Pros & Cons

One of the biggest complaints newbies have is an inconsistency in writing. Most of the “simple” concepts are explained in very basic terms. Once you get to the sections on swarms and deployment you might be thrown for a loop.

It’s not crazy to feel like you fully understand Docker in one chapter, then in the next feel totally lost. It’s not necessarily the author’s fault either. I think it’s more of a problem with Docker’s complexity as a service. But if you’re adamant enough to push through the confusion and keep trying I guarantee you’ll learn a lot.

I really like all the live examples, screenshots, and command line examples used in the book. However I don’t think they were presented in the best way for beginners. I also would’ve liked to see more practical examples or even “best practices” for using Docker as a beginner.

This is a book that you might have to come back to a few times to really ingrain the basics into your skull. Docker is not that confusing once you understand how it works. But fully understanding why you’re building containers and how to deploy them can take a lot of time.

Thankfully Jeff writes this book from a practical standpoint. He offers real-world executable lessons that you can apply to your workflow. This is undeniably the best way to learn anything: by simply doing it.

The biggest reason I’d suggest this book is the clarity of writing. It does get verbose at times and while the book only hits about 300 pages, it still contains everything you need to know to get moving with Docker.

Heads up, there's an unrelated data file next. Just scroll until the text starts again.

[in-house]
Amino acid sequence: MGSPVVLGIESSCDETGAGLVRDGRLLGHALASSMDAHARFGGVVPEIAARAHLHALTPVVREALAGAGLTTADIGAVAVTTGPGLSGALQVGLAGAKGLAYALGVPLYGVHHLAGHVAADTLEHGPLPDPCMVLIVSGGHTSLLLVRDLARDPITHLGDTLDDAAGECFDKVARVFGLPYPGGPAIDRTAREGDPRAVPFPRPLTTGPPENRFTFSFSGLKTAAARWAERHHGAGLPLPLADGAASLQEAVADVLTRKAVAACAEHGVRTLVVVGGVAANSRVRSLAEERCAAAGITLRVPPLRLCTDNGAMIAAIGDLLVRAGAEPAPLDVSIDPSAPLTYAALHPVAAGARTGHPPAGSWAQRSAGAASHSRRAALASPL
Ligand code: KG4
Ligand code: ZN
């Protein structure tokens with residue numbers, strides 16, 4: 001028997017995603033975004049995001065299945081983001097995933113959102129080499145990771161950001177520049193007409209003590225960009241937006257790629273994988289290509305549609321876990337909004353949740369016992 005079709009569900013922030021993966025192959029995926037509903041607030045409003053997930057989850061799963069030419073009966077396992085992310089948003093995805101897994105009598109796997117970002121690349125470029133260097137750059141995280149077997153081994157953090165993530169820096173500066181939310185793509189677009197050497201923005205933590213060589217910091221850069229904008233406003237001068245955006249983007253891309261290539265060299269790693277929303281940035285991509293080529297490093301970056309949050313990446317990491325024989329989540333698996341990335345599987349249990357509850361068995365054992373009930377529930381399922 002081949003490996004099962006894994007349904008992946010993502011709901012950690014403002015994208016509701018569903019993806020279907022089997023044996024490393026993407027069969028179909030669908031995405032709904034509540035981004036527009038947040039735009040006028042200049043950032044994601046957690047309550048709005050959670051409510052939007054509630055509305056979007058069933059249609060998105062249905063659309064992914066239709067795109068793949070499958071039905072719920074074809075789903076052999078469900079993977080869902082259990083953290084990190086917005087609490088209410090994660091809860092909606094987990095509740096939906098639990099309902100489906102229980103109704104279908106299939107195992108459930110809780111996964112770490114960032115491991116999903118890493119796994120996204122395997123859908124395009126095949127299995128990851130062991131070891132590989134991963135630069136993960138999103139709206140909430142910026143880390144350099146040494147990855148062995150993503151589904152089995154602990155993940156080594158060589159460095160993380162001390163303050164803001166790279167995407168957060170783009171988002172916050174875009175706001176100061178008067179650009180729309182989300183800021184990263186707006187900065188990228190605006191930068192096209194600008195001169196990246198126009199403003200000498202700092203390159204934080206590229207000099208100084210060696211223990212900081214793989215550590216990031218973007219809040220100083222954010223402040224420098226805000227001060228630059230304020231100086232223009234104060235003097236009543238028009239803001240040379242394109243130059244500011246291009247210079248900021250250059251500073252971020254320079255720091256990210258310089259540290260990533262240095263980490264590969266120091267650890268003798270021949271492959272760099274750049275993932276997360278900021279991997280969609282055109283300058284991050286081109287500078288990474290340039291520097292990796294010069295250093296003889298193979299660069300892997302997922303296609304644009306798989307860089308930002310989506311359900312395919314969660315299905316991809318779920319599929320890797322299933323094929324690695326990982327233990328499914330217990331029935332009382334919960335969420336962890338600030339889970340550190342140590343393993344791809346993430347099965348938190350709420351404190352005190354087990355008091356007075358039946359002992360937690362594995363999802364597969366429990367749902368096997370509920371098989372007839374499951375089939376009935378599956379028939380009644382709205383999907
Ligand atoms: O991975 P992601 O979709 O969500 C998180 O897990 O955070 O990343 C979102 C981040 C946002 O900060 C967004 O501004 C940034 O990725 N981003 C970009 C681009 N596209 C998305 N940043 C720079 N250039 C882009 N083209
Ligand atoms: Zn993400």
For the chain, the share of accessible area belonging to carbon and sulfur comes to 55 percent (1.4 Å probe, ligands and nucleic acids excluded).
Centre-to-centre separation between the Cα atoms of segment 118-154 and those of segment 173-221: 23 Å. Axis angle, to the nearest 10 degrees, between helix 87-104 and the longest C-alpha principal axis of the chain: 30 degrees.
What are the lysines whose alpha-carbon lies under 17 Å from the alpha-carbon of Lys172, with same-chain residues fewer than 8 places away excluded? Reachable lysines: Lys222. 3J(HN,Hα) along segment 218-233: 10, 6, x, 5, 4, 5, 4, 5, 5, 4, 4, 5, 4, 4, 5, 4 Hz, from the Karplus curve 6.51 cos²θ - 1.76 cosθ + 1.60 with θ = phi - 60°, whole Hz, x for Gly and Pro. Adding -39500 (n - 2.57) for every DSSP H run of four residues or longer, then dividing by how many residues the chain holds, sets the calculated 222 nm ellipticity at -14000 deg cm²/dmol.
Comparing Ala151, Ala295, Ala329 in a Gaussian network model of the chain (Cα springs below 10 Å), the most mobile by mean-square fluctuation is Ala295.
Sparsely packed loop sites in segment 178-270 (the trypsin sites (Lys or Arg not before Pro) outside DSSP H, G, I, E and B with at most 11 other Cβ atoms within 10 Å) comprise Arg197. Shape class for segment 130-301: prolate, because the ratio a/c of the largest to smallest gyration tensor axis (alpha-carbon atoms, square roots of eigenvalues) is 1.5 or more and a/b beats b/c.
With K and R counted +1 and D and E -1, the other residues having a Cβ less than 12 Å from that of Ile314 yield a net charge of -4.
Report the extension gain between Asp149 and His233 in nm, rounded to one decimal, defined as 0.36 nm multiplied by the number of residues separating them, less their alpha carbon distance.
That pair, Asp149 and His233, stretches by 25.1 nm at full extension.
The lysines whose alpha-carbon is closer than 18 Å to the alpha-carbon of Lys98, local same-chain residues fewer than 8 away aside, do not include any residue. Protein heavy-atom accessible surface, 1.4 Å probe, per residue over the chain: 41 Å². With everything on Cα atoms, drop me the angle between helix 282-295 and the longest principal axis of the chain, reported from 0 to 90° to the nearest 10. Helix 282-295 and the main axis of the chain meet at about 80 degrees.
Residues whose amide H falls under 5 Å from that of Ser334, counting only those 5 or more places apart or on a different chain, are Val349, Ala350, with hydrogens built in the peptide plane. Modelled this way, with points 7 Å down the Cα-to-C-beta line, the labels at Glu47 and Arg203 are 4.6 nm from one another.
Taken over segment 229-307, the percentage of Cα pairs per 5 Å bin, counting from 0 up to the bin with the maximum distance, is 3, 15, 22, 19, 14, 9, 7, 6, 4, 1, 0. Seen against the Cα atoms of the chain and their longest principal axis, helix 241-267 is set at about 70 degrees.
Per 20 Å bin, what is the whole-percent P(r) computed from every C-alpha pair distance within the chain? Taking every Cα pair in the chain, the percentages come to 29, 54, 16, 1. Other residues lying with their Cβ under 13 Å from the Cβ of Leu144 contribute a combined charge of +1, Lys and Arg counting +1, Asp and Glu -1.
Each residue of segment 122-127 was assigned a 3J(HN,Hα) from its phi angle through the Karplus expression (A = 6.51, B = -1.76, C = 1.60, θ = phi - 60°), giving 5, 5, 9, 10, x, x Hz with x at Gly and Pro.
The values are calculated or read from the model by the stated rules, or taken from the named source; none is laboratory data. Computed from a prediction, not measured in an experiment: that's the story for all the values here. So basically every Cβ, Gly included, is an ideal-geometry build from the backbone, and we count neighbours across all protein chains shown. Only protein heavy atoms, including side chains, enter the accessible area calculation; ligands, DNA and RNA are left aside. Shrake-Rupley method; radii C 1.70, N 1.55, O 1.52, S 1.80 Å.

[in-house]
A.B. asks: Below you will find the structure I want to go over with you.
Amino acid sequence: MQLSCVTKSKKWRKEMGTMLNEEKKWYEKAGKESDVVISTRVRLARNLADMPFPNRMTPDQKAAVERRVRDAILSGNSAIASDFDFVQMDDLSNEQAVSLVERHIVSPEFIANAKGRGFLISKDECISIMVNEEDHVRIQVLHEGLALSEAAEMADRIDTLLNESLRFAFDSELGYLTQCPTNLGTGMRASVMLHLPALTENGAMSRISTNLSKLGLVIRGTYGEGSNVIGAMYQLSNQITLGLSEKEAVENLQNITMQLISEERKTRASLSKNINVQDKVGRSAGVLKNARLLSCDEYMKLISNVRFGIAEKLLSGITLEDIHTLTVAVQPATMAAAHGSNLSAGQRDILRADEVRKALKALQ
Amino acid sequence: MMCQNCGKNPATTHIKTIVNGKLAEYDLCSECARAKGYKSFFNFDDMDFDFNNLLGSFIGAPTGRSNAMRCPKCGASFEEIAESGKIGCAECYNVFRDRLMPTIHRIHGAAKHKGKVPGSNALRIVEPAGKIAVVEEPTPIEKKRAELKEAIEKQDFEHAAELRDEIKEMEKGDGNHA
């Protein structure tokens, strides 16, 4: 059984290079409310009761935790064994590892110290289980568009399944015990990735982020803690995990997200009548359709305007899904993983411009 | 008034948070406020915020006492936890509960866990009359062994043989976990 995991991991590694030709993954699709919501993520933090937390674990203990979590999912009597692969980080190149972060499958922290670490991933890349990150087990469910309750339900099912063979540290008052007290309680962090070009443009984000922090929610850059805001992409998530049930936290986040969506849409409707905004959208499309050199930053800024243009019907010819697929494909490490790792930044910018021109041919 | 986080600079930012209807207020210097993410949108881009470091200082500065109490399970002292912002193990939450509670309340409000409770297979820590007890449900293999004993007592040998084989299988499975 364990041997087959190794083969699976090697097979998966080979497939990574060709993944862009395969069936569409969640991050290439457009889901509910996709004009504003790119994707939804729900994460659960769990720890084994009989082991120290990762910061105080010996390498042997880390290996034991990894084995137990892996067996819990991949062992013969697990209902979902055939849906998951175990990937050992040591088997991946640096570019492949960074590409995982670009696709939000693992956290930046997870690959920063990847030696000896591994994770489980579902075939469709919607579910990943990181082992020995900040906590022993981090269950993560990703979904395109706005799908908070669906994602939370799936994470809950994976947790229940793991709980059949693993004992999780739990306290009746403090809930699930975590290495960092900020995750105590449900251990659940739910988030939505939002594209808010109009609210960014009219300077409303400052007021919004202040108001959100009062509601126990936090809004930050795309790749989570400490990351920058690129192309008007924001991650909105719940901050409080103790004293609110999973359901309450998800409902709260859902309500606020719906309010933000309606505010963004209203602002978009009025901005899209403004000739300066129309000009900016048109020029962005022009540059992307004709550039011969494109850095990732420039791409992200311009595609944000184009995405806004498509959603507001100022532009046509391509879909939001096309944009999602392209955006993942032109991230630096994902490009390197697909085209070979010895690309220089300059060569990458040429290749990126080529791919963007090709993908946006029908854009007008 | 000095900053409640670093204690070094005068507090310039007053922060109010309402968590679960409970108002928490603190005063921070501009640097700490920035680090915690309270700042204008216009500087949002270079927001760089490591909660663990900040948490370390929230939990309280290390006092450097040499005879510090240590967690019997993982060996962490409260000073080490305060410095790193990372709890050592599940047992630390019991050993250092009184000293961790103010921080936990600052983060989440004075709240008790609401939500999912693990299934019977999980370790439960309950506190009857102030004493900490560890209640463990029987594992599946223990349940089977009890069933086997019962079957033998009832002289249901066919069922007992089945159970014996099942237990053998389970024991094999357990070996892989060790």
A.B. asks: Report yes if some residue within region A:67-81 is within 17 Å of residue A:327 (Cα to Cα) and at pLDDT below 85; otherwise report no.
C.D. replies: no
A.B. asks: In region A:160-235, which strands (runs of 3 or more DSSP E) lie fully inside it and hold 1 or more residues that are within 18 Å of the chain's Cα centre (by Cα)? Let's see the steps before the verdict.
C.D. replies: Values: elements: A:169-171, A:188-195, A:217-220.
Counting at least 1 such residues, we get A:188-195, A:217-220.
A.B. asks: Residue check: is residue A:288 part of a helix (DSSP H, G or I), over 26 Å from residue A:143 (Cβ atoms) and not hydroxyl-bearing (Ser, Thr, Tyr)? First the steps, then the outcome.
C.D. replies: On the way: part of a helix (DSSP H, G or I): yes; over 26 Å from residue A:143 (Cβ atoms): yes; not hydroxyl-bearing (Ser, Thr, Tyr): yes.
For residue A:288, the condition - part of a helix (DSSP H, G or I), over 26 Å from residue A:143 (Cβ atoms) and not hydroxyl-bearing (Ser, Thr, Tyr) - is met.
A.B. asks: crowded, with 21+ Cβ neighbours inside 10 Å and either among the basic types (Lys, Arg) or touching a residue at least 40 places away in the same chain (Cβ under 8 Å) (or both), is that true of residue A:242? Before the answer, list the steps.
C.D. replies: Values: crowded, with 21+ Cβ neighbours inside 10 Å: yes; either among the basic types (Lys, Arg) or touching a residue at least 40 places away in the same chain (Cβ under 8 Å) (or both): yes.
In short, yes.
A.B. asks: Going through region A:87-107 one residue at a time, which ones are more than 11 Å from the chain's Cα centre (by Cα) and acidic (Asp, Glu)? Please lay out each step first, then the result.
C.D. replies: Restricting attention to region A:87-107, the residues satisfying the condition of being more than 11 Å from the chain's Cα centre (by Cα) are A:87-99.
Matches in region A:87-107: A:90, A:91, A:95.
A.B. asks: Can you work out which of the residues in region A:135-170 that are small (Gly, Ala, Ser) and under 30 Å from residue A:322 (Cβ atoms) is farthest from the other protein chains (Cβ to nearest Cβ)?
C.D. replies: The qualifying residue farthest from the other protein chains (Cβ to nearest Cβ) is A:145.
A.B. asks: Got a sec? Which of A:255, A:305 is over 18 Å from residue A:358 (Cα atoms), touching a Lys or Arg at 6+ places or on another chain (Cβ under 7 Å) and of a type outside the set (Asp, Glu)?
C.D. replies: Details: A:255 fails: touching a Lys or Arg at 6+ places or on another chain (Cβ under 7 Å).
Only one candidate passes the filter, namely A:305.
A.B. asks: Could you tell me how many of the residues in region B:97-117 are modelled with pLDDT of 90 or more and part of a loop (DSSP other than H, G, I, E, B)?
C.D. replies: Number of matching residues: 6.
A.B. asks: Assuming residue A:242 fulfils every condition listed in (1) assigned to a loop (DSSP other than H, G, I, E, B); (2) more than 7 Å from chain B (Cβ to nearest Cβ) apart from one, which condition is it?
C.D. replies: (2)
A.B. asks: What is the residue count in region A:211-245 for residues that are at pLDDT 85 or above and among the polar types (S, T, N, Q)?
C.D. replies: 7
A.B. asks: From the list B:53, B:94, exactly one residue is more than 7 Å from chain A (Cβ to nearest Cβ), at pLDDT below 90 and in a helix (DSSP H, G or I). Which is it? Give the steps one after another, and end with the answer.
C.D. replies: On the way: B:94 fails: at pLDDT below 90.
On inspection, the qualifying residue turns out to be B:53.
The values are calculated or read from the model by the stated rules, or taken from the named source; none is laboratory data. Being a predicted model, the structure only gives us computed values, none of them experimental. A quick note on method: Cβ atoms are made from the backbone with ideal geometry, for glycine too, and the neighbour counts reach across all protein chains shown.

I didn’t find much on continuous delivery which was something I wanted to see. But this may be out of the league of “beginner” material, so it’s not any reason I’d dock points from this title.

Potential confusion is almost certain for brand new developers getting started with Docker. But if you have this book at your side & access to Google for problem solving then you’ll have all the resources you need to learn.

Final Summary

Among all the tech and IT books that cover Docker I would highly recommend this one above all else.

Docker in Action is the tome of Docker setup, config, maintenance, and consistent use for deployment of multiple sites(and container clusters). You can buy this book as a complete novice and walk away at the intermediate-to-advanced level of Docker competency.

The author explains the terms in a very concise way using examples to explain how you perform certain tasks. You’ll learn how to do this, but you’ll also learn why you’re doing things. Once you understand why Docker is so valued as an ecosystem then you’ll really begin to unlock the power of this package management/web software deployment engine.

And in my opinion the best way to start on that road is with this incredible book.

Review Rating: 4.5/5


Alex is a fullstack developer with years of experience working in digital agencies and as a freelancer. He writes about educational resources and tools for programmers building the future of the web.